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Debt-Limit Debate Dominates Discussions in Washington

Jun 07, 2011

Lawmakers from both sides of the aisle were invited last week to the White House to meet with President Obama to discuss raising the nation's debt limit and address its long-term budget deficit. But, as the nation's capital segues into the dog days of summer, the debate continues to envelop Washington politics.

President Obama joined the House Republican Conference last Wednesday in a session that included talk of job creation, the federal budget deficit and the ever-looming debt ceiling limit. Speaker John Boehner (R-OH) emerged from the meeting with the first Republican timetable for addressing the issue.

"I just think we're now in June, this really needs to be done over the next month if we're serious about no brinksmanship, no rattling investors," Boehner remarked. "But I will reiterate something I've said many times before: The biggest risk we face as a country is doing nothing."

The meeting also included a sharp exchange between the President and House Budget Committee Chairman Paul Ryan (R-WI) regarding each party's characterization of the other's proposal. Ryan said he believes the President has mischaracterized his proposed alterations to Medicare, and the President countered, saying he believed the GOP had done the same regarding the administration's health care reform legislation.

The House Democratic Caucus visited the White House the following day. True to partisan form, the Caucus vowed to support the administration's lead on the preservation of Medicare and efforts related to budget deficit reduction. Most political observers agreed that this was precisely the prescription the administration needed, especially since it fell on the same day ratings giant Moody's Investor Services threatened to downgrade America's credit rating.

Democrats See Dim Light at End of 2012 Tunnel

Conventional wisdom holds that the Democrats could not conceivably rebound from the historic 63-seat loss last November to emerge as the majority party just two years later. To be sure, the prospects of House Democrats actually becoming the majority party in 2012 are remote. But recent developments are giving Democrats a glimmer of hope.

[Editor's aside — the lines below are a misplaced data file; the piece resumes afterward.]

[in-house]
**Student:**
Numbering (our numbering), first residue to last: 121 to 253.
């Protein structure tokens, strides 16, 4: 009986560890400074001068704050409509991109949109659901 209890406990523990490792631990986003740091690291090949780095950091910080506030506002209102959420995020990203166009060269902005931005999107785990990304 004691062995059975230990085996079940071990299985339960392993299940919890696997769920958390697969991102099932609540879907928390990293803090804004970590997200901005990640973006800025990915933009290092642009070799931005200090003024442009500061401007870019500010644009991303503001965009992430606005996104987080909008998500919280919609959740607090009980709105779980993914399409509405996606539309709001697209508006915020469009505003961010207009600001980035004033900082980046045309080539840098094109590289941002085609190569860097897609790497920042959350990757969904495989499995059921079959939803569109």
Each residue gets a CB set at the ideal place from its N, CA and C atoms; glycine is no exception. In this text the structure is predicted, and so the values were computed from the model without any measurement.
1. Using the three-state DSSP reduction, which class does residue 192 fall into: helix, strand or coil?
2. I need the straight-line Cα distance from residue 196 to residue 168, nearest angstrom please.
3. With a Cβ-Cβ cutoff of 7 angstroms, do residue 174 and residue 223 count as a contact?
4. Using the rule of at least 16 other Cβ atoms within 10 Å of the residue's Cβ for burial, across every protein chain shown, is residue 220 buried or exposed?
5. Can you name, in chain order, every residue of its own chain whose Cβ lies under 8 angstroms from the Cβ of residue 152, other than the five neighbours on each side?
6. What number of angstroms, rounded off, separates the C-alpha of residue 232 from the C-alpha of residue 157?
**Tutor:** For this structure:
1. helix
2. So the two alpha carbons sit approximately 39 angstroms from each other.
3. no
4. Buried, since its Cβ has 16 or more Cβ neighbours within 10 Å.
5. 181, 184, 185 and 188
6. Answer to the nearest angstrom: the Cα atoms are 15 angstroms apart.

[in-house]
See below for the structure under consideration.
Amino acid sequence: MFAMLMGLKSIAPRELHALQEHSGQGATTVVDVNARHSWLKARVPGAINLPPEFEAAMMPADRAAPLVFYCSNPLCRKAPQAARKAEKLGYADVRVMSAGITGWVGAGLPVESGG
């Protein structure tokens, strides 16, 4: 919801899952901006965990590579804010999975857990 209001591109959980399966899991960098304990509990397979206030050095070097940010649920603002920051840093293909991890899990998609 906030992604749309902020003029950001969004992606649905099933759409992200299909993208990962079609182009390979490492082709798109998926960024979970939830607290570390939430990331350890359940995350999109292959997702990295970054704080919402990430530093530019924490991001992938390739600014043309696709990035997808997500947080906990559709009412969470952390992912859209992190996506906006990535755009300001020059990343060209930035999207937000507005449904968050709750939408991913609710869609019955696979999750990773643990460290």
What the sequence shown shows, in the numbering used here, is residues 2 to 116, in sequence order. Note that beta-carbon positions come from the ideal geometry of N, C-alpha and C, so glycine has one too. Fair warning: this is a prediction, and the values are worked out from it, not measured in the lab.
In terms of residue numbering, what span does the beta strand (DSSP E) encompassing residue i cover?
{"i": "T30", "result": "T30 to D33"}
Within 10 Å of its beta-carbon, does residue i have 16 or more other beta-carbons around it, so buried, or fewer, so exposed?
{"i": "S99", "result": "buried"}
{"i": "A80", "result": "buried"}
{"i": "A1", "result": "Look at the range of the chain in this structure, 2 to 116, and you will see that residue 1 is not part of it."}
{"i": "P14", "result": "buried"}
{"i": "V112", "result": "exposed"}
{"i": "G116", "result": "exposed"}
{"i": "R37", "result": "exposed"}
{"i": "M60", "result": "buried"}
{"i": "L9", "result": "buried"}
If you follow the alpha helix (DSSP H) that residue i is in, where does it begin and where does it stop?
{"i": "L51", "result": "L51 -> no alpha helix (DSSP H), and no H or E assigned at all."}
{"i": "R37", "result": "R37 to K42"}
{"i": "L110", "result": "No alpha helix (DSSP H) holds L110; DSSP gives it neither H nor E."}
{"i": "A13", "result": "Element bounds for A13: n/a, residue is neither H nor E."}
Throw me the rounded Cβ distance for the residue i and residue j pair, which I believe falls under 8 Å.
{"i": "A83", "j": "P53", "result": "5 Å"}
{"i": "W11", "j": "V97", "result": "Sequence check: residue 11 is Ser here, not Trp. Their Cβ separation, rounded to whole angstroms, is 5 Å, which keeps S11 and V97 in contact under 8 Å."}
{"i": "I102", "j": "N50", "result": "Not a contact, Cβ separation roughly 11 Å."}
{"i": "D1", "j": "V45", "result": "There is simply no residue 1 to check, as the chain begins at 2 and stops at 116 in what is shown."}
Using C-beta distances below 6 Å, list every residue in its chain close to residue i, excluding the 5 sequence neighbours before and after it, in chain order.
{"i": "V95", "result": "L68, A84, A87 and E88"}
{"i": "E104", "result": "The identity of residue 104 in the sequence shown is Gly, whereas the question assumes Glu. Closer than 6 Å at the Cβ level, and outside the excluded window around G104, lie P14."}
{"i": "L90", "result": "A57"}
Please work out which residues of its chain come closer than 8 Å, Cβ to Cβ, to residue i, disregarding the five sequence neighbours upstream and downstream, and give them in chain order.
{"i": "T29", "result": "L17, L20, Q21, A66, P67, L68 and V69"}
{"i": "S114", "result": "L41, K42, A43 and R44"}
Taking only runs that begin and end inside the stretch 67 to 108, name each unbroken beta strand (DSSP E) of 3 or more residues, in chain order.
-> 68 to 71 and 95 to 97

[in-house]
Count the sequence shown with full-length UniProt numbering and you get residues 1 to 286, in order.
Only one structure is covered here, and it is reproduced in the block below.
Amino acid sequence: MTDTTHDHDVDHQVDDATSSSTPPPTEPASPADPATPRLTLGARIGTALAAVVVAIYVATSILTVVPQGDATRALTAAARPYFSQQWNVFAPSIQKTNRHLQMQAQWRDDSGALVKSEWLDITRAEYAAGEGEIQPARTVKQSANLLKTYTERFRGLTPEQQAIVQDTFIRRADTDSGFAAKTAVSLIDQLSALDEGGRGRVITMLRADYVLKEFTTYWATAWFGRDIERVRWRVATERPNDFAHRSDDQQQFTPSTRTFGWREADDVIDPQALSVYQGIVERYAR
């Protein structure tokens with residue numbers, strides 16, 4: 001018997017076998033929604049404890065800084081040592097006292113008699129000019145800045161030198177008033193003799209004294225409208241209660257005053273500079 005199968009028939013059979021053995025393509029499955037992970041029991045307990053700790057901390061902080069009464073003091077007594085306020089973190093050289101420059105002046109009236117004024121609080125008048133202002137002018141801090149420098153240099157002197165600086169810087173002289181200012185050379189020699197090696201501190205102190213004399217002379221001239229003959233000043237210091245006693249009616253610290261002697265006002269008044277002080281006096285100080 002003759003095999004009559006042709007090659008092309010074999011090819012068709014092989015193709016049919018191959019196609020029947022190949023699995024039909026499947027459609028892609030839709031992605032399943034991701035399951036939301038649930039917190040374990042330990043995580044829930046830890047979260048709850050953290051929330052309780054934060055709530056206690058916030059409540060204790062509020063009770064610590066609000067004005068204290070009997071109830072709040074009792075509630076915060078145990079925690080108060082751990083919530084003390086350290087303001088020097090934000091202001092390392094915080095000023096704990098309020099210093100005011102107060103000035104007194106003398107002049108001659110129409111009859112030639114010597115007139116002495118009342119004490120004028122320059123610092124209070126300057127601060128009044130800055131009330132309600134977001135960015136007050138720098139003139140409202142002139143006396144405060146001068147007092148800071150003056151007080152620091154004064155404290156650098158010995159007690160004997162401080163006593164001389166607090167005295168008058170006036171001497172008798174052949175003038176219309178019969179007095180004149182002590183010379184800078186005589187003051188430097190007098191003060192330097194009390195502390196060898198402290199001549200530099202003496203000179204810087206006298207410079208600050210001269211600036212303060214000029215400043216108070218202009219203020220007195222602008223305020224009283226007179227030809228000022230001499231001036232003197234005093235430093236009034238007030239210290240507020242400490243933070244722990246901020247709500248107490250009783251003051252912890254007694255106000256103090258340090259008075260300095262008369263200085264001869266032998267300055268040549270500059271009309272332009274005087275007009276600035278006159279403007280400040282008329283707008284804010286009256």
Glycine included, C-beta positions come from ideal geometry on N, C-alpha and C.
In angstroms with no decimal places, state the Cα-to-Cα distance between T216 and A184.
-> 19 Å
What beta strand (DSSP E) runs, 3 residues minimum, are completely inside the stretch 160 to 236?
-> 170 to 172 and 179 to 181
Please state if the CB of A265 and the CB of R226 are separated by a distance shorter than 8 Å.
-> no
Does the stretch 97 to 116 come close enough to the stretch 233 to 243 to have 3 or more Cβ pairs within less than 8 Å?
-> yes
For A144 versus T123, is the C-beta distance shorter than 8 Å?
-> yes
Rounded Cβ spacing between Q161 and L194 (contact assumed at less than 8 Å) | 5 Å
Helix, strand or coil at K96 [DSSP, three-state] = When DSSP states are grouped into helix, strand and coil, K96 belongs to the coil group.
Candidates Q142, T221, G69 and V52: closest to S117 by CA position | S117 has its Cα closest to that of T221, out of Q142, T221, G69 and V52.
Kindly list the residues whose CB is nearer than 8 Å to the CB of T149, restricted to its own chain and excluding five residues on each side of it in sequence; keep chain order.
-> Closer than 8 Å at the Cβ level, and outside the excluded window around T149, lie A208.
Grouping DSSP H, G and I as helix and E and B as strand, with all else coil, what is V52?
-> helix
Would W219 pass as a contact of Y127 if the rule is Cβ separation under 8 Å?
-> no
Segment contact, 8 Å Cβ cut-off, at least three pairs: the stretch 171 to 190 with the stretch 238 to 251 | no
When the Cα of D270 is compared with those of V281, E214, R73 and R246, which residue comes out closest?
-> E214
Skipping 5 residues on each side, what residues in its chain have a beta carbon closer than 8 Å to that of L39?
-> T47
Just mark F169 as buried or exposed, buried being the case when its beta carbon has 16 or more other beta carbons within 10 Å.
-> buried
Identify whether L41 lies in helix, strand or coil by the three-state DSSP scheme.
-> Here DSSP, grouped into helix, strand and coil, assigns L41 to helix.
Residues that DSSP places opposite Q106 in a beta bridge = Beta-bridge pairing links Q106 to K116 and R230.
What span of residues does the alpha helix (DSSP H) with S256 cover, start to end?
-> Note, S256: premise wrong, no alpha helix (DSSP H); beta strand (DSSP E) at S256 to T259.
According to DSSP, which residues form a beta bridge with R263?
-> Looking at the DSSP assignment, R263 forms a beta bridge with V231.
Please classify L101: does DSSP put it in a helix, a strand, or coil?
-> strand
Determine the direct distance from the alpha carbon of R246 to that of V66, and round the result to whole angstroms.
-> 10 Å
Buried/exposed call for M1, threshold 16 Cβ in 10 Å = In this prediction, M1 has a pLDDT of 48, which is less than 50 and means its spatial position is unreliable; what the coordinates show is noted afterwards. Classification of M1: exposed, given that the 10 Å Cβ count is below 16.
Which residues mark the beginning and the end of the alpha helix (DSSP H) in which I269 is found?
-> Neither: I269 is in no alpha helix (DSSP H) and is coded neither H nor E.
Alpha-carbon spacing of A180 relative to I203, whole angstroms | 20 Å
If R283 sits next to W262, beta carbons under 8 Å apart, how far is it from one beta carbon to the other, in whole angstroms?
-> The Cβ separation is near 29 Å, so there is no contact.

The party is gaining substantial traction among the general public regarding its hard-line stance to preserve Medicare. House Republicans, including Ryan, have pushed hard for substantial changes to the very popular senior program. Their zeal has met much resistance from both current and future beneficiaries. In fact, a recent CNN poll showed that six out of 10 registered voters opposed the House Republican plan.

Also, last week's special election victory by Democrat Kathy Hochul in a decidedly GOP-leaning district in upper New York has given many on the left optimism that 2012 will, at the very least, be better that 2010. In that race, GOP plans to overhaul Medicare played a key role.

Meanwhile, Republicans say they're in fine shape as they gear up for the 2012 contests, particularly this far out. Most Republicans consider New York's election results an aberration, and they tout the fact that sheer numbers are their best ally and the Democrats' biggest obstacle. House Democrats would have to pick up a net 24 seats in order to retake majority party status.

"Do I think they can make inroads? They can make some inroads, but I don't see them winning 24 seats," remarked former Virginia Representative and National Republican Congressional Committee Chair Tom Davis. "Barring a real screw-up, I just don't see it happening."

 

 
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